Media Awards Announced

San Francisco: New America Media, the country’s first and largest association of ethnic media, has announced the winners of its First National Ethnic Media Awards, honoring the sector’s contributions to American journalism.
Close to 600 ethnic media practitioners competed in 14 categories for recognition in 19 categories, ranging from Investigative Journalism to Best Community Talk Show. More than 50 judges nationwide, from universities, mainstream media and community-based organizations, came together via teleconference to judge the entries over one week.
“Hurricane Katrina and immigration rights dominated news in ethnic media over the last year,” says awards coordinator Sandip Roy. “Each of these complex stories reflects ethnic media’ s unique role as an advocacy voice, as well as a vital source of news and information for their audiences.”
Winners confound the conventional view of ethnic media as operating in a cultural silo. This year’s winners demonstrate ethnic media’s role in building understanding between America’s ethnic communities while serving their communities’ information needs.
Roy Lu, of Mandarin-language KSCI-TV in Los Angeles, traveled to the US Mexican border to bring the issue of undocumented immigrants to Chinese audiences.
Euy Hun Yi of The Korea Times became the first Korean-American journalist to report from Afghanistan, where he found many parallels with his home country after the Korean War.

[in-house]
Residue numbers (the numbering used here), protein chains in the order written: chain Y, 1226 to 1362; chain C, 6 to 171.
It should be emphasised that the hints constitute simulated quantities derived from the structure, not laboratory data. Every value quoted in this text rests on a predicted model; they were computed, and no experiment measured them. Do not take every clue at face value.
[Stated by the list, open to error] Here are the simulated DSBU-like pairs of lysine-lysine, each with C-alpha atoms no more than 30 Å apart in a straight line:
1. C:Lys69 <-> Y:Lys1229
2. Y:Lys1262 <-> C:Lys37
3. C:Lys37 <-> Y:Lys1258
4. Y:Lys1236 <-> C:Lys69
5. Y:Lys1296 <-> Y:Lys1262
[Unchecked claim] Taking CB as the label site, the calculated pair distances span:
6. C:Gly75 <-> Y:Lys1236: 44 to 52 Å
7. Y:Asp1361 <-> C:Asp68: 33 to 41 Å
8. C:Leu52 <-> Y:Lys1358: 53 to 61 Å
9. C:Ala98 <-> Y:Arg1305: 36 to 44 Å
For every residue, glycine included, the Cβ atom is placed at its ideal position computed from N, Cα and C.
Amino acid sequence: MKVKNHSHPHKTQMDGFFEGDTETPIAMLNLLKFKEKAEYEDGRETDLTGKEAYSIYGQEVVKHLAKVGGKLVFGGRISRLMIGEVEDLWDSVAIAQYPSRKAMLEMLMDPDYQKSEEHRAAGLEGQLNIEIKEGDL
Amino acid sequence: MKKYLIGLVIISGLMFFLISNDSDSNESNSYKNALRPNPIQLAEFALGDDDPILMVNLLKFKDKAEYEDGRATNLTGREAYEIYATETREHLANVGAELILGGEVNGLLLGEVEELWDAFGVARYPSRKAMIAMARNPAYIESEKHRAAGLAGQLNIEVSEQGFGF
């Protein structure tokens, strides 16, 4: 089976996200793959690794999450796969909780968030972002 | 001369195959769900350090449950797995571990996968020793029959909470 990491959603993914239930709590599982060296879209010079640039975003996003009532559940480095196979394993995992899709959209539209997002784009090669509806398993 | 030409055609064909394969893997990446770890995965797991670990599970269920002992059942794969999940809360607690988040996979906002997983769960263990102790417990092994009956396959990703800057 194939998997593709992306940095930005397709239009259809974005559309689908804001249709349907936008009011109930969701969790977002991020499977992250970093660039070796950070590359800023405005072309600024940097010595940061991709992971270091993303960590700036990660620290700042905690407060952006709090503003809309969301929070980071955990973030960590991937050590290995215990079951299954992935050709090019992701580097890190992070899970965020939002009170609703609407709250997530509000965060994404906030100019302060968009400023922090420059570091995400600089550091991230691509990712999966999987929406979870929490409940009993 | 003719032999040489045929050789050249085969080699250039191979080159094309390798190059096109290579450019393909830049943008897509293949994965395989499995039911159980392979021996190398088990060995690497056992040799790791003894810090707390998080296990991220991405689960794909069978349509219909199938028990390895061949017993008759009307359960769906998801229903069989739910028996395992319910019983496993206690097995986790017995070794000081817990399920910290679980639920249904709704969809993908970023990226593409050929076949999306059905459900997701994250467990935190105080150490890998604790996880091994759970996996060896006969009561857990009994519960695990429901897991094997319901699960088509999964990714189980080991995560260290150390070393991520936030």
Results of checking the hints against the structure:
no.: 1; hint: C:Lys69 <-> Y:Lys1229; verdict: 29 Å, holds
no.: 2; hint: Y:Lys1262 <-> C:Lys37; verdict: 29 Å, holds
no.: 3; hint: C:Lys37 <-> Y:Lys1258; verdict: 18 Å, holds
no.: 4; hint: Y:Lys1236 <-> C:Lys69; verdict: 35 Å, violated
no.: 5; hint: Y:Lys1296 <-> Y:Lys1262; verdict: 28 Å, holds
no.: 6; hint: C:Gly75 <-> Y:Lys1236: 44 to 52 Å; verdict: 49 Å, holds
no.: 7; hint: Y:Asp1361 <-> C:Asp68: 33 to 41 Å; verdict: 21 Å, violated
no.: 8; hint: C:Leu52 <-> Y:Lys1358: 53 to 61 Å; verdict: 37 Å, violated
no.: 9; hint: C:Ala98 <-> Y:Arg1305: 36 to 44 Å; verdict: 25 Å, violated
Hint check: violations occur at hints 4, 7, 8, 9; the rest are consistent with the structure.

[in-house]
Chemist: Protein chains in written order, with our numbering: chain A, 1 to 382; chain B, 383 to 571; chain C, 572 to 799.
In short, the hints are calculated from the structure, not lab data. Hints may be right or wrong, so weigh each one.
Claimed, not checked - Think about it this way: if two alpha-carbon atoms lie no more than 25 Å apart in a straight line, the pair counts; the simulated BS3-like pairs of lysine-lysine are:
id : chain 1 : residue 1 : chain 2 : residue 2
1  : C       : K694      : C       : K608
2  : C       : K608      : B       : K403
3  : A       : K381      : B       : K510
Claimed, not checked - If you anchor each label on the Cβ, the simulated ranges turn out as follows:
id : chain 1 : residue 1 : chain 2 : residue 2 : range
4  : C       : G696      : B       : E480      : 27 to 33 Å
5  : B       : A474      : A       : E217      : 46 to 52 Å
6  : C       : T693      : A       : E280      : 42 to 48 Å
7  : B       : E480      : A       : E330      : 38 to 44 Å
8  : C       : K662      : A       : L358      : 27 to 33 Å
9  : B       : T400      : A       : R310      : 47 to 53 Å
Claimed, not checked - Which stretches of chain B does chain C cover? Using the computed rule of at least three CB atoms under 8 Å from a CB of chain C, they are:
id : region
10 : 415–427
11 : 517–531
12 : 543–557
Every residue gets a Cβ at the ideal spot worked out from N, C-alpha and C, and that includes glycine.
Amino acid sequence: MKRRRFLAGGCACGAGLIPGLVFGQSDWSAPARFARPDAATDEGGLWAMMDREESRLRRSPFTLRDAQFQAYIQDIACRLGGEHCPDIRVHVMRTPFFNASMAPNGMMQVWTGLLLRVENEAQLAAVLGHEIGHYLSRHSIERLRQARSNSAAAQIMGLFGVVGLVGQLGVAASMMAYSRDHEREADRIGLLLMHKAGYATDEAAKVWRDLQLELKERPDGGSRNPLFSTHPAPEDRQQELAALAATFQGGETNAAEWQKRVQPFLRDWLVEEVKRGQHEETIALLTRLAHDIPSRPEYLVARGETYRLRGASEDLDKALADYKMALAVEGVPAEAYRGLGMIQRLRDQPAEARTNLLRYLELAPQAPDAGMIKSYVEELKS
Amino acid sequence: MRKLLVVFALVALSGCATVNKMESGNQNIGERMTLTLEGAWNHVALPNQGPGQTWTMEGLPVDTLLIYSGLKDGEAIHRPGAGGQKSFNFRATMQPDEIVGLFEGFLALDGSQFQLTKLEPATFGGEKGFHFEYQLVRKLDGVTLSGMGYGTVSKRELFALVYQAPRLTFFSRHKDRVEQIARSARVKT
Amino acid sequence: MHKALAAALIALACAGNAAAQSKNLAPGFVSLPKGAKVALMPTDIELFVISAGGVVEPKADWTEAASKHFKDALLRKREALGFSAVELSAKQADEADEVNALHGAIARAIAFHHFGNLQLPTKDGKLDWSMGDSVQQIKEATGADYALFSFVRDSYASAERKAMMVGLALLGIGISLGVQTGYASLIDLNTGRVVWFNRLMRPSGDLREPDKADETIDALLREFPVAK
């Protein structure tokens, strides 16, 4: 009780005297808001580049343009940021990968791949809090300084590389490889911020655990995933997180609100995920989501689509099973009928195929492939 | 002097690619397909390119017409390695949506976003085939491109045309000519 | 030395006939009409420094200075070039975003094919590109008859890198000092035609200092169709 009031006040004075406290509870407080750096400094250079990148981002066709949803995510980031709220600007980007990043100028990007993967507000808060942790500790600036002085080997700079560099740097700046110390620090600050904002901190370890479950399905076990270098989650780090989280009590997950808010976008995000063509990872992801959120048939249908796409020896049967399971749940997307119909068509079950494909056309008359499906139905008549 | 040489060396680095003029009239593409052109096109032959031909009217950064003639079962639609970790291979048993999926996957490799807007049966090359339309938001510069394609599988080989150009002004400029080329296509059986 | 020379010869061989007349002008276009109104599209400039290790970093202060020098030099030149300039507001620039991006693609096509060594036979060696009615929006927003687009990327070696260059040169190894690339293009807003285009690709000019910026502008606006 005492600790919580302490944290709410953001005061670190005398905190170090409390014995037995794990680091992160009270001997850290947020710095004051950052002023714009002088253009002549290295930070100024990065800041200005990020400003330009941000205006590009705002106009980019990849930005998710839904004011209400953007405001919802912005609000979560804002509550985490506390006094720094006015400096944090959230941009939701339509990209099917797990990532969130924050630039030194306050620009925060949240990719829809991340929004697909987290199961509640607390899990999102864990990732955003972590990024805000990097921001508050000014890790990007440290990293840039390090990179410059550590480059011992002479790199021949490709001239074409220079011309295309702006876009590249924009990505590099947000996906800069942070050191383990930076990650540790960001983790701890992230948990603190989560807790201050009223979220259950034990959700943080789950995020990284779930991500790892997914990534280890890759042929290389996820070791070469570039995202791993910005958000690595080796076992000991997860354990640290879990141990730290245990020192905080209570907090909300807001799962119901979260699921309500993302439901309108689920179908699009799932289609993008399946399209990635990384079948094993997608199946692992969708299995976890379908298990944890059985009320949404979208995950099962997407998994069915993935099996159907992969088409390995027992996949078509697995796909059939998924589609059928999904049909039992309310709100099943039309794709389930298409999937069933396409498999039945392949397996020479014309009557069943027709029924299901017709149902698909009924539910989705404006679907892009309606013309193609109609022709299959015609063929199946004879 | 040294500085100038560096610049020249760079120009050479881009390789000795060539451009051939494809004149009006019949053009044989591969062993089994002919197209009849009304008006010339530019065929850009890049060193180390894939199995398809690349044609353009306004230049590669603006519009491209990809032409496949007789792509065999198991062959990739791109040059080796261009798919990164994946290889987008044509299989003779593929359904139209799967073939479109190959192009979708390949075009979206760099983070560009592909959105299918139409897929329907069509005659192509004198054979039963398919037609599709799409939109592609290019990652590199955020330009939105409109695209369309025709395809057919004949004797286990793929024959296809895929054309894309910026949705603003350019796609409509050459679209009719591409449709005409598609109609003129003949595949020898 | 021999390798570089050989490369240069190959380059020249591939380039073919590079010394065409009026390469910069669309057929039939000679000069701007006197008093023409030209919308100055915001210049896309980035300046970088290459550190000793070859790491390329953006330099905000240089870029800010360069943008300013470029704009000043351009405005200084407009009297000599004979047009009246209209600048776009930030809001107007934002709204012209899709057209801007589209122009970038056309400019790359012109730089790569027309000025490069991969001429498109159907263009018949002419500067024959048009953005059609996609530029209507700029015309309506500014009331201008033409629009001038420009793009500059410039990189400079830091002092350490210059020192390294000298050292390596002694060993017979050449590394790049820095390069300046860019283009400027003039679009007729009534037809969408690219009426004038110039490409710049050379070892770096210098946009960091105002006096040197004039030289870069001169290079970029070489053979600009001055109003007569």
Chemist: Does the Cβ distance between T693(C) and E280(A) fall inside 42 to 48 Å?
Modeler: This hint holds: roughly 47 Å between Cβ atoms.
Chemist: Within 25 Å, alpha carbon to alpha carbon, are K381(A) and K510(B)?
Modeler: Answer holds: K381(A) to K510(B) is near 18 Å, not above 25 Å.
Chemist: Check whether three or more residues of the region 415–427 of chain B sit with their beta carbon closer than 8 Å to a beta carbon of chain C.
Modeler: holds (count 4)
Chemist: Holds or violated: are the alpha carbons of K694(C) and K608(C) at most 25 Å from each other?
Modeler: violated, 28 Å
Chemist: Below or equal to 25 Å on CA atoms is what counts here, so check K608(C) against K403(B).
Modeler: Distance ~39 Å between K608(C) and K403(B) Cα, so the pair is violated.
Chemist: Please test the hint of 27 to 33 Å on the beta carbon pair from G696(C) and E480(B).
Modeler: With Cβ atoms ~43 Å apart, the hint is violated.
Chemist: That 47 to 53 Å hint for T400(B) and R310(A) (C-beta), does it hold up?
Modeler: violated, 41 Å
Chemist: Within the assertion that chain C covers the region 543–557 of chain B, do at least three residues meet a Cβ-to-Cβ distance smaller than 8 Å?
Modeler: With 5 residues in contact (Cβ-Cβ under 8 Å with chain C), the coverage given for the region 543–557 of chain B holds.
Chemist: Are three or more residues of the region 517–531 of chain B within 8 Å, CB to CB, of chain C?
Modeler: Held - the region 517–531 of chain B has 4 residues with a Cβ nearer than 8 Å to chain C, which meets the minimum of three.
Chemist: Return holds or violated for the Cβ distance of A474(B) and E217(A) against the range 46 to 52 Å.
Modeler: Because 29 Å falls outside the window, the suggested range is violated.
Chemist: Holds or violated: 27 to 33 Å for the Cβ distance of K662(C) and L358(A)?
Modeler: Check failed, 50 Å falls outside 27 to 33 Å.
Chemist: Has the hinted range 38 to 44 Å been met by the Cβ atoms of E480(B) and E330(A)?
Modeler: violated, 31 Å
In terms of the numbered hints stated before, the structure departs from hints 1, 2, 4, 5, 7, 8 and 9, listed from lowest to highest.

As important as ethnic media are as community spokespersons, this year’s awards also honors those unafraid to turn a critical eye on their own communities.
Dennis Romero of Tu Ciudad magazine won the Best In Depth Award for his vivid profiles of Latinos who staunchly oppose illegal immigration, and even volunteer with the Minutemen.
Ray Hanania, an Arab-American columnist for a Jewish publication and website, won Best Commentary for his humorous take on some of the thorniest political issues of our time.
“Over the years that NAM has held awards, we’ve seen more and more efforts by ethnic media outlets to help their audiences understand each other, “ says Sandy Close, executive director of NAM.
This year NAM honors Pilar Marrero of La Opinion and ReShonda Billingsley of Houston Defender for reporting on black-brown relations and for their exceptional coverage of the immigration debate from the perspectives of both communities.
The awards will be presented at the Mayflower Hotel in Washington DC on Tuesday, November 14 at 7 p.m.



Editor: Akhtar M. Faruqui
2004 . All Rights Reserved.